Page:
Entries by Editorial Staff

Pioneer Institute Announces Winner of 26th Annual Better Government Competition

MIT AgeLab Founder, Massachusetts Governor to Headline Awards Gala BOSTON – Pioneer Institute is pleased to announce that Boston-based Hebrew SeniorLife is the winner of the 26th annual Better Government Competition. The contest received nearly 100 entries from agencies and organizations across the U.S. on the topic, “Aging in America.” The winner, together with five […]

2017 Better Government Competition Winner: Hebrew SeniorLife’s R3: Right Care, Right Place, Right Time

Submitted by: Kim Brooks, Chief Operating Officer, Senior Living, Hebrew SeniorLife The needs of seniors in supportive housing span a range of issues. Physical health issues decrease mobility, impede gross and fine motor skills, and affect vision, making it difficult to maintain independence. These seniors are at increased risk of falling, a primary cause of emergency transports […]

2017 Runner Up: Home Suite Home: Older Adults with Developmental Disabilities and Seniors Age Together in Supportive Affordable Senior Housing

Submitted by: Amy Schectman and Rimma Zelfand, Jewish Community Housing for the Elderly and Jewish Family & Children’s Services Individuals with intellectual or developmental disabilities are living longer. The number of adults with ID/DD aged 60 and older is projected to nearly double between 2000 and 2030. There is need for affordable, supportive housing for […]

2017 Runner Up: Ride-Share Option for Participants of MBTA RIDE Program

Submitted by: Ben Schutzman, Massachusetts Bay Transportation Authority The RIDE, Massachusetts Bay Transit Authority’s (MBTA) paratransit service, provides door-to door, shared-ride transportation to eligible people who cannot always or ever use fixed-route transit (bus, subway, trolley) because of a physical, cognitive or mental disability. Many customers rely on The RIDE as a lifeline, but its […]

2017 Runner Up: Mobilizing the Talent of Older Adults to Support Critical Government Services

Submitted by: Doug Dickson, Encore Boston Network As older adults leave the workforce in Massachusetts, we face two challenges: a) how to keep individuals active, healthy and engaged, and b) how to retain the benefit of their skills and experience. At the same time, following the high profile deaths of children involved with the Massachusetts […]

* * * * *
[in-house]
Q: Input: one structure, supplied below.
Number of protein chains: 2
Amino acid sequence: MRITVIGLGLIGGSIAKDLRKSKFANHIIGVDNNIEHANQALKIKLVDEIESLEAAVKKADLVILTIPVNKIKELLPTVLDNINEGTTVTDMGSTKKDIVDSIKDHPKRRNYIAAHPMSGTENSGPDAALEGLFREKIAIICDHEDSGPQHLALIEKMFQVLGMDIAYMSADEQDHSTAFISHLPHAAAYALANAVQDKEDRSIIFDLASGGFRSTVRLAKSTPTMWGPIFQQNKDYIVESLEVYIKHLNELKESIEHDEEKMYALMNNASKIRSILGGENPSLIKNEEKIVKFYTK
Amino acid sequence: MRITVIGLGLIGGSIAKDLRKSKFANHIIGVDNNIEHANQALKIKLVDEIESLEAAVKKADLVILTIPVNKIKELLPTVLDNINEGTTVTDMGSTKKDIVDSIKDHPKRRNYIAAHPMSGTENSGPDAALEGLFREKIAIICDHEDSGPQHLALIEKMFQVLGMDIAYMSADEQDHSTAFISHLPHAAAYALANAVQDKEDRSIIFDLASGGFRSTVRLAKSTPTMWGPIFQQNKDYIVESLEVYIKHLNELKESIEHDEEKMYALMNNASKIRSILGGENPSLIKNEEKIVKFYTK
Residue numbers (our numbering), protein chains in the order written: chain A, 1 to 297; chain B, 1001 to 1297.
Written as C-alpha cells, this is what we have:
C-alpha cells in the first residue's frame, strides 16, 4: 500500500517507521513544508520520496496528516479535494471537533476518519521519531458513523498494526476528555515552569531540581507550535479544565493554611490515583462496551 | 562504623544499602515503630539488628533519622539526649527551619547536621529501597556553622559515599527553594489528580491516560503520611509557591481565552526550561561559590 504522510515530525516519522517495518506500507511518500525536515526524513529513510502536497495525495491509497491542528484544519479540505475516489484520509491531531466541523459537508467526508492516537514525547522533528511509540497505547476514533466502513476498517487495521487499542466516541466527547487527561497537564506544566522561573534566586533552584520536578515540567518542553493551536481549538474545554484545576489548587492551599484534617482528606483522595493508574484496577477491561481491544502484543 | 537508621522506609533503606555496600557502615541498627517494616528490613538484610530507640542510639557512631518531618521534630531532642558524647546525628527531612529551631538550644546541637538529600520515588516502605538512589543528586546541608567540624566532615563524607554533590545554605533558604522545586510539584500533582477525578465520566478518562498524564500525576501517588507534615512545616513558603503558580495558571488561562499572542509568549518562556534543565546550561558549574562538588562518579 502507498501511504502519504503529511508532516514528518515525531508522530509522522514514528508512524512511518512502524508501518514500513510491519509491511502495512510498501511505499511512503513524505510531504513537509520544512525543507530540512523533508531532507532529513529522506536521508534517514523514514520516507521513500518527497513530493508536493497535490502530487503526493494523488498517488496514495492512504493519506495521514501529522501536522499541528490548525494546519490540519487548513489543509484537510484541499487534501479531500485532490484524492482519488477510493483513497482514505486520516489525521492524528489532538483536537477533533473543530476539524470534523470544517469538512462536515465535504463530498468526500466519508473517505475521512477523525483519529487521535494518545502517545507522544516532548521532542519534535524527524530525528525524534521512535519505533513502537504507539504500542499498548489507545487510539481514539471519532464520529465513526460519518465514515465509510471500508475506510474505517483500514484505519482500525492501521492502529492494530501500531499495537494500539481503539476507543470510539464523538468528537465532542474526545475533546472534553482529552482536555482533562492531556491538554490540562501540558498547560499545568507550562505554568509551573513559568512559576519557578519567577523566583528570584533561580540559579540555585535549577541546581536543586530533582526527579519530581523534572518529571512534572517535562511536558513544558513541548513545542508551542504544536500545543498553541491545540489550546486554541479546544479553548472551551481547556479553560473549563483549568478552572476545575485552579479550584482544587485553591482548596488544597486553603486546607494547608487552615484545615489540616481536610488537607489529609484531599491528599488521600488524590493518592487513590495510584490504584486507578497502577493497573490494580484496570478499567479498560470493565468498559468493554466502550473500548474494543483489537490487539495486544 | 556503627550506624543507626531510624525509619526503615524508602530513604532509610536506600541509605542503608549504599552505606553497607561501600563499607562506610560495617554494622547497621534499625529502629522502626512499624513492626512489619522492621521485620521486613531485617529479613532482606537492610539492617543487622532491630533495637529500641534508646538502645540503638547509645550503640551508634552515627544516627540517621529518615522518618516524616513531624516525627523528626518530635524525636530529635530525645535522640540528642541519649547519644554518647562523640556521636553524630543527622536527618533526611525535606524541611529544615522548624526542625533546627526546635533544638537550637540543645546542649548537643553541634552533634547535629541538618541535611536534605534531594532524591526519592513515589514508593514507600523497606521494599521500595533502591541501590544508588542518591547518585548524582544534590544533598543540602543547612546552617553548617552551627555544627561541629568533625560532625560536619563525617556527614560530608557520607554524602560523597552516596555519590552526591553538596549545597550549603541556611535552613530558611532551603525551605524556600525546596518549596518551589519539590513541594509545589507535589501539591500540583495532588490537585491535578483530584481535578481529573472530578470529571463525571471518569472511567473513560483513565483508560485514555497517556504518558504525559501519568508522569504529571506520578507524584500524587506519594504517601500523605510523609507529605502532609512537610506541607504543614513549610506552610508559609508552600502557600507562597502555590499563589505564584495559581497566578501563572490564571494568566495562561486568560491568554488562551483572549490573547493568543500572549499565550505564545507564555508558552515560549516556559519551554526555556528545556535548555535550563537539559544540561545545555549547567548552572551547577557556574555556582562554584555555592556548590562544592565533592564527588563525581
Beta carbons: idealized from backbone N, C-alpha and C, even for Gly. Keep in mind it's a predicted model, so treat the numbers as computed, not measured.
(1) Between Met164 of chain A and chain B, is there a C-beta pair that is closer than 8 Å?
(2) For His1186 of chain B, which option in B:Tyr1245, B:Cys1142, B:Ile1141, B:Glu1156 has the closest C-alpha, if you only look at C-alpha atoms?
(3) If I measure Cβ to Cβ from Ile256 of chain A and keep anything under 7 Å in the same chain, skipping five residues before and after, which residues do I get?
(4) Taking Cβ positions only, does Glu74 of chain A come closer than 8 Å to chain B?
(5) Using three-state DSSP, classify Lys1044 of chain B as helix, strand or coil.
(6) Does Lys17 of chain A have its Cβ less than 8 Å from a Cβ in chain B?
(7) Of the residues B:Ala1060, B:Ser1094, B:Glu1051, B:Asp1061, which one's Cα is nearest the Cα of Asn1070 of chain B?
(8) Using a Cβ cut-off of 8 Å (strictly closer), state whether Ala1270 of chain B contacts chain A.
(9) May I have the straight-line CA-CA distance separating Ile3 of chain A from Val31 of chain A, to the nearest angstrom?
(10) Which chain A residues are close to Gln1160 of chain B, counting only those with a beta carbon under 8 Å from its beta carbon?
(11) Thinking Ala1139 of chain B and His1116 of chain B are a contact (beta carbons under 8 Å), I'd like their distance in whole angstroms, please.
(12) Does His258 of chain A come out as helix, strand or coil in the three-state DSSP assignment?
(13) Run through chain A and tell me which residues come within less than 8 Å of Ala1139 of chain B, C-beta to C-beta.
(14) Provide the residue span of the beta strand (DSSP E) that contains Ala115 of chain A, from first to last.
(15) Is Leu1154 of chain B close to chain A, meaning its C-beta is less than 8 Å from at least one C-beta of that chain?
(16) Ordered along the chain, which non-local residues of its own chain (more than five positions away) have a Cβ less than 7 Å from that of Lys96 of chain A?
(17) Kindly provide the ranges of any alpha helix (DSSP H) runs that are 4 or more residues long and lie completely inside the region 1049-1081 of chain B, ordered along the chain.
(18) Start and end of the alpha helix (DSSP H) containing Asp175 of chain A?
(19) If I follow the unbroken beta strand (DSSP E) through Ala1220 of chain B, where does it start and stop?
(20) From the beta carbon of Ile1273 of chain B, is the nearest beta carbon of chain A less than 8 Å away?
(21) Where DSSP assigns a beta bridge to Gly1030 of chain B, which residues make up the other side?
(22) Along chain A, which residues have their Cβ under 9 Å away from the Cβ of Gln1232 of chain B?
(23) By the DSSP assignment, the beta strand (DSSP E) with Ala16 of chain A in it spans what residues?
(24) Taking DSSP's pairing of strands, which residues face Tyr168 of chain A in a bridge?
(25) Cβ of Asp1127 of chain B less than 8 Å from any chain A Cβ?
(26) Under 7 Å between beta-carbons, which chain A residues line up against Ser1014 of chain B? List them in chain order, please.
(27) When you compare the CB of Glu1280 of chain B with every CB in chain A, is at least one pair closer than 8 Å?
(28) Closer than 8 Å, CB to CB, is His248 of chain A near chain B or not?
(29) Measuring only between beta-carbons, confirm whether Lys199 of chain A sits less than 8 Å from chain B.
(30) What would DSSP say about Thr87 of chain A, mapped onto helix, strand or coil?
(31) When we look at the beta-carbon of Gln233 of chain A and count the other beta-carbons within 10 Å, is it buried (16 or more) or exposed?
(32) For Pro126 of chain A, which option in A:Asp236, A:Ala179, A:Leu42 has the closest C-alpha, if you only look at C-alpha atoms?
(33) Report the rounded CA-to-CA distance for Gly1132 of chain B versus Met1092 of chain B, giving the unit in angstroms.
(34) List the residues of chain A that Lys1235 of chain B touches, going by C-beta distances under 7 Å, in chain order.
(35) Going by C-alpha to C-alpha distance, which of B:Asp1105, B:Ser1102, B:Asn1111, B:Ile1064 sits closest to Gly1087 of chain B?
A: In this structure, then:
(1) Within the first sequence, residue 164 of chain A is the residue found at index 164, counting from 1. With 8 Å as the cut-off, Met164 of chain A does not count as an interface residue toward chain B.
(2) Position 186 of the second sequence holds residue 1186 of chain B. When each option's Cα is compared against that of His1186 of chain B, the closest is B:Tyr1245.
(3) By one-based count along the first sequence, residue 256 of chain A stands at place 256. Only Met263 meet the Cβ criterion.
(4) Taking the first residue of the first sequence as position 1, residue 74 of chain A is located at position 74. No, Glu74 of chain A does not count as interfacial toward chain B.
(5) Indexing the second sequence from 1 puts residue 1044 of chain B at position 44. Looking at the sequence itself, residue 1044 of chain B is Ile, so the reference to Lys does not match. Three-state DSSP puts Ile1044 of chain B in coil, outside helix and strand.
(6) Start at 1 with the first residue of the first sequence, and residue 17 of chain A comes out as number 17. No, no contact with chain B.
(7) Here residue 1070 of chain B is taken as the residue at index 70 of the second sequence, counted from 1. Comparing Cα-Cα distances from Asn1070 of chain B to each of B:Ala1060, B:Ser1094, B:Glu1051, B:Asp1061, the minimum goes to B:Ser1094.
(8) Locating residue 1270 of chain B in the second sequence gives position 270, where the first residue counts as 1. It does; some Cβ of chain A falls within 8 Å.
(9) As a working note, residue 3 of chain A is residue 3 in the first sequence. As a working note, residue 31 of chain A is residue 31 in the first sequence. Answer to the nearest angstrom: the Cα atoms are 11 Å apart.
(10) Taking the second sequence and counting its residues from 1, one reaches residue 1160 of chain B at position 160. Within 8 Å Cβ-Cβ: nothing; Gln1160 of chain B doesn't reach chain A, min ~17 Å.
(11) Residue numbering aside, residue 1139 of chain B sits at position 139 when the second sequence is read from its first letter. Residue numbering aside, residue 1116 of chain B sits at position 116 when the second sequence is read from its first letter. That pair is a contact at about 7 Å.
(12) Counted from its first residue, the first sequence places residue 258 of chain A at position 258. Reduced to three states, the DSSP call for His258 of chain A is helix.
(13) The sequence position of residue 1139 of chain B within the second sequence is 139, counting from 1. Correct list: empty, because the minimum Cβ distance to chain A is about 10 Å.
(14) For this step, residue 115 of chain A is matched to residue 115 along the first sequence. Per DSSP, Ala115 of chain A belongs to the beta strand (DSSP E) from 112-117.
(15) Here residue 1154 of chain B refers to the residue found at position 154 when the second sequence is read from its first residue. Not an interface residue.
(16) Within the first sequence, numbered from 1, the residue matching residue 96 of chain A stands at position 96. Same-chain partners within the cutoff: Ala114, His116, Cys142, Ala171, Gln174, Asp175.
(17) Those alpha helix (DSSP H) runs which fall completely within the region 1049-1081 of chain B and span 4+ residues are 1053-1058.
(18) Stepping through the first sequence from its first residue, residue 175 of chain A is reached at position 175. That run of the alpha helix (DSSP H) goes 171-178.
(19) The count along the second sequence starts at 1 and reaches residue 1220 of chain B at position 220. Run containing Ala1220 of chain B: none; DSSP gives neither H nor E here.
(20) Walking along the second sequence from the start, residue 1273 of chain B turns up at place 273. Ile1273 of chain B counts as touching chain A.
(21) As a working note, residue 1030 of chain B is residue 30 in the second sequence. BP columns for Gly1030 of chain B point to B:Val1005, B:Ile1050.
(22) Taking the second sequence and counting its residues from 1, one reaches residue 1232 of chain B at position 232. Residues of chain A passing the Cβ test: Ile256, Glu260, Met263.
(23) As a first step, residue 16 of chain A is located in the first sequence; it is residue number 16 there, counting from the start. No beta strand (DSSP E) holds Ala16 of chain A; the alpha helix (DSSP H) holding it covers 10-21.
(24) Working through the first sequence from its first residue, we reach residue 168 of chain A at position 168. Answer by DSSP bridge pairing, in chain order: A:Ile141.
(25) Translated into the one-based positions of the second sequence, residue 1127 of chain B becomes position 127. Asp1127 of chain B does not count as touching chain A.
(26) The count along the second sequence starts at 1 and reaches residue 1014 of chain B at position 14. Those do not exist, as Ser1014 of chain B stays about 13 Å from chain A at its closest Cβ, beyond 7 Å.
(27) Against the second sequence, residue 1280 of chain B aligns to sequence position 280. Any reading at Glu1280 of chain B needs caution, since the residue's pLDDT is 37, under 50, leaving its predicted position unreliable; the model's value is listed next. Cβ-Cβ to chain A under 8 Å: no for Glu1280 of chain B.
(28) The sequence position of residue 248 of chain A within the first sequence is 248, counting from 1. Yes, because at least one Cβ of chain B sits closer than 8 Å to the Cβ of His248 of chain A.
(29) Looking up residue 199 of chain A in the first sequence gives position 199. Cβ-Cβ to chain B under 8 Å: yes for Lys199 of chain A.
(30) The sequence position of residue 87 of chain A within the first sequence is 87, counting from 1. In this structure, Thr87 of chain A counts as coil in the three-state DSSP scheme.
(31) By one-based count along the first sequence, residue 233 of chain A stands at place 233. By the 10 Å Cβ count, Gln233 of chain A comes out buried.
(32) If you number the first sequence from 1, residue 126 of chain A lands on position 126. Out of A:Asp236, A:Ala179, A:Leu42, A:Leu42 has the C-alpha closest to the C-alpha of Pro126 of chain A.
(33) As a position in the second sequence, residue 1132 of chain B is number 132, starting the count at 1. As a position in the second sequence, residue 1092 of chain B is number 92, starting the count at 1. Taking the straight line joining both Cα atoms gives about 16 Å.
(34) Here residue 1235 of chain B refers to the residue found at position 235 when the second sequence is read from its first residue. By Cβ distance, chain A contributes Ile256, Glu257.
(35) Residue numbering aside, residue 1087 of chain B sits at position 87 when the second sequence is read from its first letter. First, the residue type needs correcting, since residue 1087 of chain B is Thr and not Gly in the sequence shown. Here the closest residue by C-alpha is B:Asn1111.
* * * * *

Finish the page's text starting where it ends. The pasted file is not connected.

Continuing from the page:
2017 Runner Up: Early Detection and Treatment of Alzheimer’s Disease

Submitted by: Professor David L. Weimer and Dr. Mark Sager The prevalence of Alzheimer’s disease will nearly triple in the U.S. by 2050. This increase will mean higher long-term care costs. Plausible estimates of annual costs to the U.S. economy attributable to AD already surpass 200 billion dollars. AD patients impose costs on Medicare about […]

2017 Runner Up: Minnesota’s Return to Community Initiative (RTCI)

Submitted by: Loren Colman and Krista Boston, MinnesotaHelp Network By 2025, the cost of nursing home and continued care retirement facilities is projected to rise in the United States to $260 billion. Long-term residents account for the largest number of nursing home days and concomitant costs. Private paying residents face large out of pocket expense; […]

2017 Special Recognition: Boston Medical Center Elders Living at Home Program

Submitted by: Eileen O’Brien and Samantha Morton   Aging Right in the Community, a joint program of Boston Medical Center’s Elder’s Living at Home Program and MLPB (formerly Medical-Legal Partnership | Boston), works to prevent homelessness among Greater Boston’s most at-risk older residents. A recent Boston census estimated that 2,400 homeless individuals were over 51 […]

2017 Special Recognition: Wisconsin Coalition for Collaborative Excellence in Assisted Living

Submitted by: Kevin Coughlin Assisted living communities (ALCs) have emerged as important components of long-term care. In some states, there are now more beds in ALCs than in nursing homes. In Wisconsin alone, there are 3,679 licensed facilities. The sheer size of the ALC market has taxed the capacity of state regulators. The Wisconsin Coalition […]